Rose Chauffeured Transportation Celebrates 25 Years

LCT Staff
Posted on March 24, 2010

H.A. Thompson bought a used Rolls Royce in 1985 and took weekend wedding jobs with his college-age sons. Now, the 2008 LCT Operator Of The Year runs a $4 million transportation business.

CHARLOTTE, N.C. — Since starting out with a used Rolls Royce and working out of his home with his two college-age sons on March 23, 1985, H.A. Thompson has grown the Charlotte.-based Rose Chauffeured Transportation to a $4 million annual revenue business.

Rose Chauffeured Transportation’s fleet is comprised of 31 chauffeured vehicles, including one stretch limousine; 12 sedans; seven Van Hool motorcoaches; five 10-passenger SUVs; four 24-passenger mini-buses; and two executive vans.

Thompson, 76, a former radio talk show host, recalled the weekend wedding business as being slow going for the first 10 years, but eventually his family business acquired six stretches and a couple of sedans. “Then we started doing some airport rides [and] one thing led to another. It took us 16 years to get to $1 million in revenue,” he said.

One of Thompson’s sons, Andy, and one of his daughters, Laurie, are still running the business alongside him.

One secret to his success, Thompson said, is that he always keeps in mind that the transportation business is not about vehicles. “It’s about personal service… it’s not the biggest, newest car, the bells and whistles,” he stressed.

He added that well-trained people and technology are crucial. “We have 24-hour dispatch, and that’s very important in our business, now that we’re doing upwards of 80 or 90 rides a day. We have to communicate well with our people and not put untrained people in there.”

Hiring the right people also keeps Rose financially sound, Thompson said. “Turnover will kill you. It’s very expensive. We’re testing candidates now, to build a model for hiring. We’re servants in this business, and there is a real art to it. Not everybody can do it.”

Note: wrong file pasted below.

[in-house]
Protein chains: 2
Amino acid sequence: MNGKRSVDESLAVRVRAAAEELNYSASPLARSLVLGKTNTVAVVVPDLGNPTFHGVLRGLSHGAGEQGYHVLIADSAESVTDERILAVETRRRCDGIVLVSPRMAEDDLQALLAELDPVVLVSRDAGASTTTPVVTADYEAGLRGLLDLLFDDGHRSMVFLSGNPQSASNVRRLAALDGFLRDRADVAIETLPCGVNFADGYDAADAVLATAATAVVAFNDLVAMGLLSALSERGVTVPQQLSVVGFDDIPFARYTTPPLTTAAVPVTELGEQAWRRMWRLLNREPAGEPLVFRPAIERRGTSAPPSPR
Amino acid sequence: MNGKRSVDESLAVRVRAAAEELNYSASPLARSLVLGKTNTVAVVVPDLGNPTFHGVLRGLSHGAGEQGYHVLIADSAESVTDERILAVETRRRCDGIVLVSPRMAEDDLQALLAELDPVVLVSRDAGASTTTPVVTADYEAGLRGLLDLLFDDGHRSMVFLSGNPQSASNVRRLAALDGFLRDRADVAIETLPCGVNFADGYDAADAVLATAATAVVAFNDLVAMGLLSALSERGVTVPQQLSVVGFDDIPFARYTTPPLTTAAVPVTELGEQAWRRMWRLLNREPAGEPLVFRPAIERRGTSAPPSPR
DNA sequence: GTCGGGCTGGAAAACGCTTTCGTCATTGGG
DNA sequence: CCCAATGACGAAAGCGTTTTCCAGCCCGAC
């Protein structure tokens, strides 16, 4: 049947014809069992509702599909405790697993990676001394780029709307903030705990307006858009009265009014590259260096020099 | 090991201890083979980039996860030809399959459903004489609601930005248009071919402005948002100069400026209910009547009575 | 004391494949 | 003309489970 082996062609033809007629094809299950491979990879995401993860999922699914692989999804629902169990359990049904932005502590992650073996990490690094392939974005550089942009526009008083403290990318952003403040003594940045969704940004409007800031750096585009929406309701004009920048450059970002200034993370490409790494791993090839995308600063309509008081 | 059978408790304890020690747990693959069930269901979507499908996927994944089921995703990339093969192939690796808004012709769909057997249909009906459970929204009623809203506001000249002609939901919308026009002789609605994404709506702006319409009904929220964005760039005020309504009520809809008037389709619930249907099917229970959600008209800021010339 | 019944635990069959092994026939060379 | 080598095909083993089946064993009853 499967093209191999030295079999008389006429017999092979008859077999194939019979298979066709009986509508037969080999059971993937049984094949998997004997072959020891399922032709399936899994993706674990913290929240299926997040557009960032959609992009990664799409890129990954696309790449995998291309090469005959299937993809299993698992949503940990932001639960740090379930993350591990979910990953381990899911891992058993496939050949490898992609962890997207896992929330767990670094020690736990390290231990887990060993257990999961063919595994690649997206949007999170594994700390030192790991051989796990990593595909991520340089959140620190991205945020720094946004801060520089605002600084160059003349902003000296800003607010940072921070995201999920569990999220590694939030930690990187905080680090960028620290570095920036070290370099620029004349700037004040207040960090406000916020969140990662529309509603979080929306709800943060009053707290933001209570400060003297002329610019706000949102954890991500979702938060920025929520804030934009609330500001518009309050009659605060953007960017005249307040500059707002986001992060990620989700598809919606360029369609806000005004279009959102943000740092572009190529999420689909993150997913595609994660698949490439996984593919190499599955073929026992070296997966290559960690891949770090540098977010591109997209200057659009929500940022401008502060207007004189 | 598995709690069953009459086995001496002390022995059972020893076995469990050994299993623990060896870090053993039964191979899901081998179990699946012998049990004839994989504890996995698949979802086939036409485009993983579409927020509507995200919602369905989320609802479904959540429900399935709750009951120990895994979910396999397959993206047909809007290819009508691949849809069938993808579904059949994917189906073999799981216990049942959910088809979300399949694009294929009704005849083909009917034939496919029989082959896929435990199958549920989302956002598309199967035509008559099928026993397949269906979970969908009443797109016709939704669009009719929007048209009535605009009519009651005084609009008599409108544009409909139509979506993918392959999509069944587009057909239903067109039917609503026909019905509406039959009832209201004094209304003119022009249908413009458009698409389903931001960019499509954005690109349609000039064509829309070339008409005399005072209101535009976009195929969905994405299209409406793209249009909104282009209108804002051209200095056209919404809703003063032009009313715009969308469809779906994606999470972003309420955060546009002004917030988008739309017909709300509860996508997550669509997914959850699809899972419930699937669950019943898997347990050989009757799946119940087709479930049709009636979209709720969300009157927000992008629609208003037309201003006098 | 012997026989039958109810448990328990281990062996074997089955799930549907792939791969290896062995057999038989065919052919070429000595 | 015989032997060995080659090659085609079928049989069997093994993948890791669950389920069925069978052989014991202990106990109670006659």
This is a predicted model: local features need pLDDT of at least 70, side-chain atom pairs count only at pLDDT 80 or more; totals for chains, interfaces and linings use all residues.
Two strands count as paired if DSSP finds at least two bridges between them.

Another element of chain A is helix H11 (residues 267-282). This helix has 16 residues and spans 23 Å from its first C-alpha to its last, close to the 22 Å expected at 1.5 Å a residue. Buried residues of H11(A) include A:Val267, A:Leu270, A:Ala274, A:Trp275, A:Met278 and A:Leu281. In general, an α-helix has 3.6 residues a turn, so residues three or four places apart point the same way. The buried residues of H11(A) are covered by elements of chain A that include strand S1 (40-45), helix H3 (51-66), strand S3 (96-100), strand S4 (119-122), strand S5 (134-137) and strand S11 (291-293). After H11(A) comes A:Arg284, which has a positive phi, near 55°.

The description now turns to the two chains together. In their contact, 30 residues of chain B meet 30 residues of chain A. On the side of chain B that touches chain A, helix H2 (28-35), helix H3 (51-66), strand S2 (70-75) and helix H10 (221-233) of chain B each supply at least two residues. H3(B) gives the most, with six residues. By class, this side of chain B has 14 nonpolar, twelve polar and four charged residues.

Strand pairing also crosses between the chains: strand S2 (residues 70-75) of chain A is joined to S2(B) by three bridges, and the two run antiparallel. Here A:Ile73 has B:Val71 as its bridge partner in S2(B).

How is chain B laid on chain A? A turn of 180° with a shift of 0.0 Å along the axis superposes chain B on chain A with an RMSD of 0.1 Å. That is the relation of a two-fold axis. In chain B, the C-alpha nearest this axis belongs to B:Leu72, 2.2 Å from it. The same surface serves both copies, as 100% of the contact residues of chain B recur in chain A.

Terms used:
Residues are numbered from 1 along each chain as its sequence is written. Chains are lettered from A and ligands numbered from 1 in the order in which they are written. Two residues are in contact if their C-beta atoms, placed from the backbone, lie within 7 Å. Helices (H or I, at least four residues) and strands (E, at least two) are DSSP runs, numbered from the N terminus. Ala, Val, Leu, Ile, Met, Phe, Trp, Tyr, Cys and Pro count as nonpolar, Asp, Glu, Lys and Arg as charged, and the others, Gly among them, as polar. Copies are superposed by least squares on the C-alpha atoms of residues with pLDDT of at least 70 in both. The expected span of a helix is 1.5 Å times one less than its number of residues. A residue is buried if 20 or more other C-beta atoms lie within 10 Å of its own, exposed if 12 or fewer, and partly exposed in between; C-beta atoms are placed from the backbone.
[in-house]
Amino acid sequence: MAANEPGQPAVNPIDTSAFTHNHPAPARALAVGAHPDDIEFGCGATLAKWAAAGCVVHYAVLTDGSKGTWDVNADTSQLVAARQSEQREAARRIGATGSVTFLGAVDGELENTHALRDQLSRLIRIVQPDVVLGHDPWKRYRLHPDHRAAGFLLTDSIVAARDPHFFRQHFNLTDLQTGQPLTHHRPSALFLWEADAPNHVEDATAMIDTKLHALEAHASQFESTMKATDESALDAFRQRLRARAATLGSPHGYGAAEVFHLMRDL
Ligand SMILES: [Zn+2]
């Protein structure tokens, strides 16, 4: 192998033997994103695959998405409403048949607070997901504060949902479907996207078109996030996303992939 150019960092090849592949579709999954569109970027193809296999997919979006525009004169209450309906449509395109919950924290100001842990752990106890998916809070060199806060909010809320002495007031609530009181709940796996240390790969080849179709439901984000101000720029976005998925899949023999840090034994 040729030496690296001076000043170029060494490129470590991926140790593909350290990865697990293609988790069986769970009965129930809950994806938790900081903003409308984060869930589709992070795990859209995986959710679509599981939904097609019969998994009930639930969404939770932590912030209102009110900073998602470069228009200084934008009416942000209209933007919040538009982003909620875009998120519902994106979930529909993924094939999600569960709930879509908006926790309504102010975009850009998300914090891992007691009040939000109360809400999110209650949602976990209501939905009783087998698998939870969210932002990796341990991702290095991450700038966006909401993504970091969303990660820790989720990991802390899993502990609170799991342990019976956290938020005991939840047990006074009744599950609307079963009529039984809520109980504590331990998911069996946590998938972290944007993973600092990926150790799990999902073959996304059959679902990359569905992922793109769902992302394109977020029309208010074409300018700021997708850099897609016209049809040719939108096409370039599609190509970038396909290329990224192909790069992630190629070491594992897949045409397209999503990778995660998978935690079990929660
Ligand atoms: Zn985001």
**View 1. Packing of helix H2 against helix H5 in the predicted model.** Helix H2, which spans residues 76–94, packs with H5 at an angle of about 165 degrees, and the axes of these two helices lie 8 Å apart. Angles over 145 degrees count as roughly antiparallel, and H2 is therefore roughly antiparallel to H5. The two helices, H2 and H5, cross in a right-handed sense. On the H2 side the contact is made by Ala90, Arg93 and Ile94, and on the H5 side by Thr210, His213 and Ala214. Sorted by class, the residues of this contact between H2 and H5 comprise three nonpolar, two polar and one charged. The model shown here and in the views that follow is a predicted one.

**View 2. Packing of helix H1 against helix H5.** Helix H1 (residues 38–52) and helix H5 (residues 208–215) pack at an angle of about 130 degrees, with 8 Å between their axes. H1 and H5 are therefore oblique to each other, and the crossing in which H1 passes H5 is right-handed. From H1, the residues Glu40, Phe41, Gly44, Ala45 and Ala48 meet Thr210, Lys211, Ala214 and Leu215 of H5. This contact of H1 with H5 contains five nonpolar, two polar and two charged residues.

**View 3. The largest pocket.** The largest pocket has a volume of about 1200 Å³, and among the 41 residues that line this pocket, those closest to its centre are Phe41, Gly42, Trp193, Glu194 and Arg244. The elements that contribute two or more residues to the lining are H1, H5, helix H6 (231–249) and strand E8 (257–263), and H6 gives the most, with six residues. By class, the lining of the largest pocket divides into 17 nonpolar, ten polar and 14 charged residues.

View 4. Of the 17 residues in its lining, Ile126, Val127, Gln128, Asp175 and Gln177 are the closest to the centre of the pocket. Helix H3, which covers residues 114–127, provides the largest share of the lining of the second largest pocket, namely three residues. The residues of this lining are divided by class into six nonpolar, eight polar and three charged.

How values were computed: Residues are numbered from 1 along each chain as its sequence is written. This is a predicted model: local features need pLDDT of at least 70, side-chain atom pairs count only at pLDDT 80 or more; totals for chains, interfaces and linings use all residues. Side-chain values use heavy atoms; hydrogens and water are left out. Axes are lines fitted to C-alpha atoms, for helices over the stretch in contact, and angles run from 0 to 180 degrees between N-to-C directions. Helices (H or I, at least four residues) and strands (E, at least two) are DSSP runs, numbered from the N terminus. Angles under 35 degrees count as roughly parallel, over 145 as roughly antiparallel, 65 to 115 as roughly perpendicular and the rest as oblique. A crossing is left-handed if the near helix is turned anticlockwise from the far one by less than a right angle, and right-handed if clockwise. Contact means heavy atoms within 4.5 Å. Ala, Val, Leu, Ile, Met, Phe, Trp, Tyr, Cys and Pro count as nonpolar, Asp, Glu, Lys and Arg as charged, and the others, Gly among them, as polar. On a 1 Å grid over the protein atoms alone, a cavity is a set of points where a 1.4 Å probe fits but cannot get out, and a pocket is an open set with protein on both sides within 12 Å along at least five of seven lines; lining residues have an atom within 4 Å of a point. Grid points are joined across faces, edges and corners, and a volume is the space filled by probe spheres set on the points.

After the company passed $1 million in yearly revenue in 2001, Thompson recognized that it was time for a technology upgrade. “We were handwriting reservations. Knowing we were going to grow, we had to get the proper software and get the place computerized.” The operator now uses GPS system for greater efficiency.

Another factor Thompson cited in his company’s success is paying strict attention to finances, including hiring a CFO. “Numbers are very important even when you’re very small. That’s critically important and a lot of people in small businesses are not careful about that. You have to pay your bills and you have to get paid.”

As they hit 25 years, Rose Chauffeured Transportation finds itself focusing on charter and tour aspects of the motorcoach business and putting less emphasis on the limousine side.

“We got in the motorcoach business two years ago when the recession started. We’ve grown to seven in less than two years,” Thompson said. “We’ve just about gotten out of the long car business because of what the public wants; it’s not what we want. We had three three years ago, two two years ago, and we’ve got one this year. That has a lot to do with how the city dynamic changed.”

— Nicole Schlosser, LCT Magazine

LCT Staff LCT Staff
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